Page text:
This The Simpsons review contains spoilers.
The Simpsons: Season 29 Episode 11
Only the sharpest razors in the Halloween candy will survive the upcoming holocaust. Nostradamus predicted it’s coming soon and he’s never been wrong once. It should have been here already, the first sign of the apocalypse was when Fleetwood Mac reunited. Now that the anti-Christ is in the White House in The Simpsons season 29, episode 11, is it any wonder “Frink Gets Testy.”
The first cut is the deepest tonight. The fictitious The Learning Network, a cable channel that promotes itself as educational, classical and historic, is running the most tawdry, high voltage programming for APOCALYPSE WEEK: “Ebola Meteor,” “Nukes of Hazard,” and “Jesus Christ Superstorm.” It’s the Learning Channel, History Channel and Arts and Entertainment all wrapped in one. The punch line is that they’re still running documentaries from the forty years ago.
The man who controls the present is watching the documentary on the man who saw the future, the Prophet Nostradamus, who saw this episode in the past and wrote sixteen quatrains about it. Montgomery Burns is so upset by the coming conflagration he calls in the comfort hounds, and then makes comforters out of them. The man who has it all only wants a little bit more, but will settle for much more. All if he can get it. In the documentary, where others see gloom, doom, despair and a wine served before it’s time, Burns sees opportunity.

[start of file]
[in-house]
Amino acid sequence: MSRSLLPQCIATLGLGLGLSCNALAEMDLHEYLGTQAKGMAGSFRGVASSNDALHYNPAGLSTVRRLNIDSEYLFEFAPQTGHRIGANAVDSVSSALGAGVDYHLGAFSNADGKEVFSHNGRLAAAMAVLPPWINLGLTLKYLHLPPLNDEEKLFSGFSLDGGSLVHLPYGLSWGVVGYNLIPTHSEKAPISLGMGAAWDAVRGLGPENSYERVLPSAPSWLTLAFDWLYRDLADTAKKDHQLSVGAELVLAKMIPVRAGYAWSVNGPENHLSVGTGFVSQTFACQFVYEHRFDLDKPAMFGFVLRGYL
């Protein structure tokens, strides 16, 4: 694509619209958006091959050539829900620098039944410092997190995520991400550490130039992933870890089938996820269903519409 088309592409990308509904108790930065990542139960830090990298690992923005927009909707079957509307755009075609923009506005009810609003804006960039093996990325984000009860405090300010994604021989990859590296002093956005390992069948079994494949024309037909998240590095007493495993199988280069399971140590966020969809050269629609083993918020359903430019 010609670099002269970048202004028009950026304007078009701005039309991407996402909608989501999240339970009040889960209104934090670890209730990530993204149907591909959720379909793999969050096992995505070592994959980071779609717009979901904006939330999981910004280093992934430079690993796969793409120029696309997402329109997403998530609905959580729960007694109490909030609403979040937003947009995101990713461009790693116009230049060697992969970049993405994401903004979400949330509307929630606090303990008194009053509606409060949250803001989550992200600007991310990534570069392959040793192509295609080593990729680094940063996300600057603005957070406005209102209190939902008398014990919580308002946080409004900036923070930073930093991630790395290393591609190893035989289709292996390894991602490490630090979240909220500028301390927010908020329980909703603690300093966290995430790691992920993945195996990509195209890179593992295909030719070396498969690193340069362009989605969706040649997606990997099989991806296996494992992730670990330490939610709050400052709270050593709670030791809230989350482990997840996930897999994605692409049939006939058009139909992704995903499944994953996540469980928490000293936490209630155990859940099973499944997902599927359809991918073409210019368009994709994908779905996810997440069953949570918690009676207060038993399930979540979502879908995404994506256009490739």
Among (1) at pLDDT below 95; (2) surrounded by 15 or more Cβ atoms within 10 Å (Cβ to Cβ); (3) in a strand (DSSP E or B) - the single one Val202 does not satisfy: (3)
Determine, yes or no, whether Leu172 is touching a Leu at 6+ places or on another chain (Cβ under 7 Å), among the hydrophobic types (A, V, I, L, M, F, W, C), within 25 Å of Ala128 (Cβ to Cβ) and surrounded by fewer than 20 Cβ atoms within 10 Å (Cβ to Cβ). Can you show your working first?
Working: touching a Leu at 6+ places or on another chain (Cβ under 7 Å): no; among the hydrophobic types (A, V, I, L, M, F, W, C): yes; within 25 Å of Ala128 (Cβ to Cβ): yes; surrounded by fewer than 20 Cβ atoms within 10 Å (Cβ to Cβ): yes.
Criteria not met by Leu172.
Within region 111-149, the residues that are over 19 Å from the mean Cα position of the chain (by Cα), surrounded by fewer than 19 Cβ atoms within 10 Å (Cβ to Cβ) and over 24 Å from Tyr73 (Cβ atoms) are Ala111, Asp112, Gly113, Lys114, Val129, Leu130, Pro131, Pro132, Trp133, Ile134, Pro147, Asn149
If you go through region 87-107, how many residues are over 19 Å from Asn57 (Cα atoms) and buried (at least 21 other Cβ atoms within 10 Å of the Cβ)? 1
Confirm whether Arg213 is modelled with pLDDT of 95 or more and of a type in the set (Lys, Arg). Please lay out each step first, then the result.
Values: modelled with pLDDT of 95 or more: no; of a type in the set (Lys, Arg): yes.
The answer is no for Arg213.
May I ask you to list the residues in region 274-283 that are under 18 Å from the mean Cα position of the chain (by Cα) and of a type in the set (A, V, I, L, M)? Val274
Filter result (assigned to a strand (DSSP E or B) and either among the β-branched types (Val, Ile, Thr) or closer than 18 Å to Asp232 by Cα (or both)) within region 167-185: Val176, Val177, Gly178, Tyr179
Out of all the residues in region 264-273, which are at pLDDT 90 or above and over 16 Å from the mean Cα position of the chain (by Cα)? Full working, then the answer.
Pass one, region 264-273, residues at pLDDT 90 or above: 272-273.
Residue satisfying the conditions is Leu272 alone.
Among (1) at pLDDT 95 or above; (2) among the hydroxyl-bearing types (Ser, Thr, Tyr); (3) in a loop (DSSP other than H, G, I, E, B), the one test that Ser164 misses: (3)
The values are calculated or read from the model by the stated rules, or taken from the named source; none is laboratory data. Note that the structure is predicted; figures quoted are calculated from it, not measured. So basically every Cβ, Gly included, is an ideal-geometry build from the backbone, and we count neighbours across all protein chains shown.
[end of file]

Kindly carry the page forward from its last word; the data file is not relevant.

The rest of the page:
Burns gathers Mensa, which is not an acronym, to find the brightest minds in Springfield to join him on the Montgomery Burns Doomsday Arc. Here they will be subject to his miserly rule and used to wreak terror on the living, who already envy the dead. The pay sucks, and the retirement plan is commensurate with the one provided by the Springfield Nuclear Plant, but they get almost nothing in return, only an idiot would pass that up. This brings us to why Professor Frink gets testy.
Frink developed a new method of determining value that far surpasses the IQ test, which only measures intelligence. It doesn’t take into account traits like arrogance, slovenliness, health, hygiene, and altruism. The Mensa people know about quark, strangeness and charm, but do you want them fixing a toilet? Frink’s Personal Value Quota, or PVQ, takes everything into account to determine an individual’s raw worth as a person. It is the yardstick of the soul.
The test is like a son to Frink. He raised it from a quiz. Frink is so happy about the PVQ he doesn’t just give a lecture. He sings its praises, with a 1 and a 2, and a 3.14159, in one highlight of the episode. The song is broken down in measures of intelligence and counterintelligence, but the town genii still look surprised when they’re suddenly decked out in full dance regalia. They should have seen it coming. We learn that Waylon Smithers is planning a sex change. He’s already decided on a name, Wanda, and he’s also planning how to join Mr. Burns’ concubines on the arc.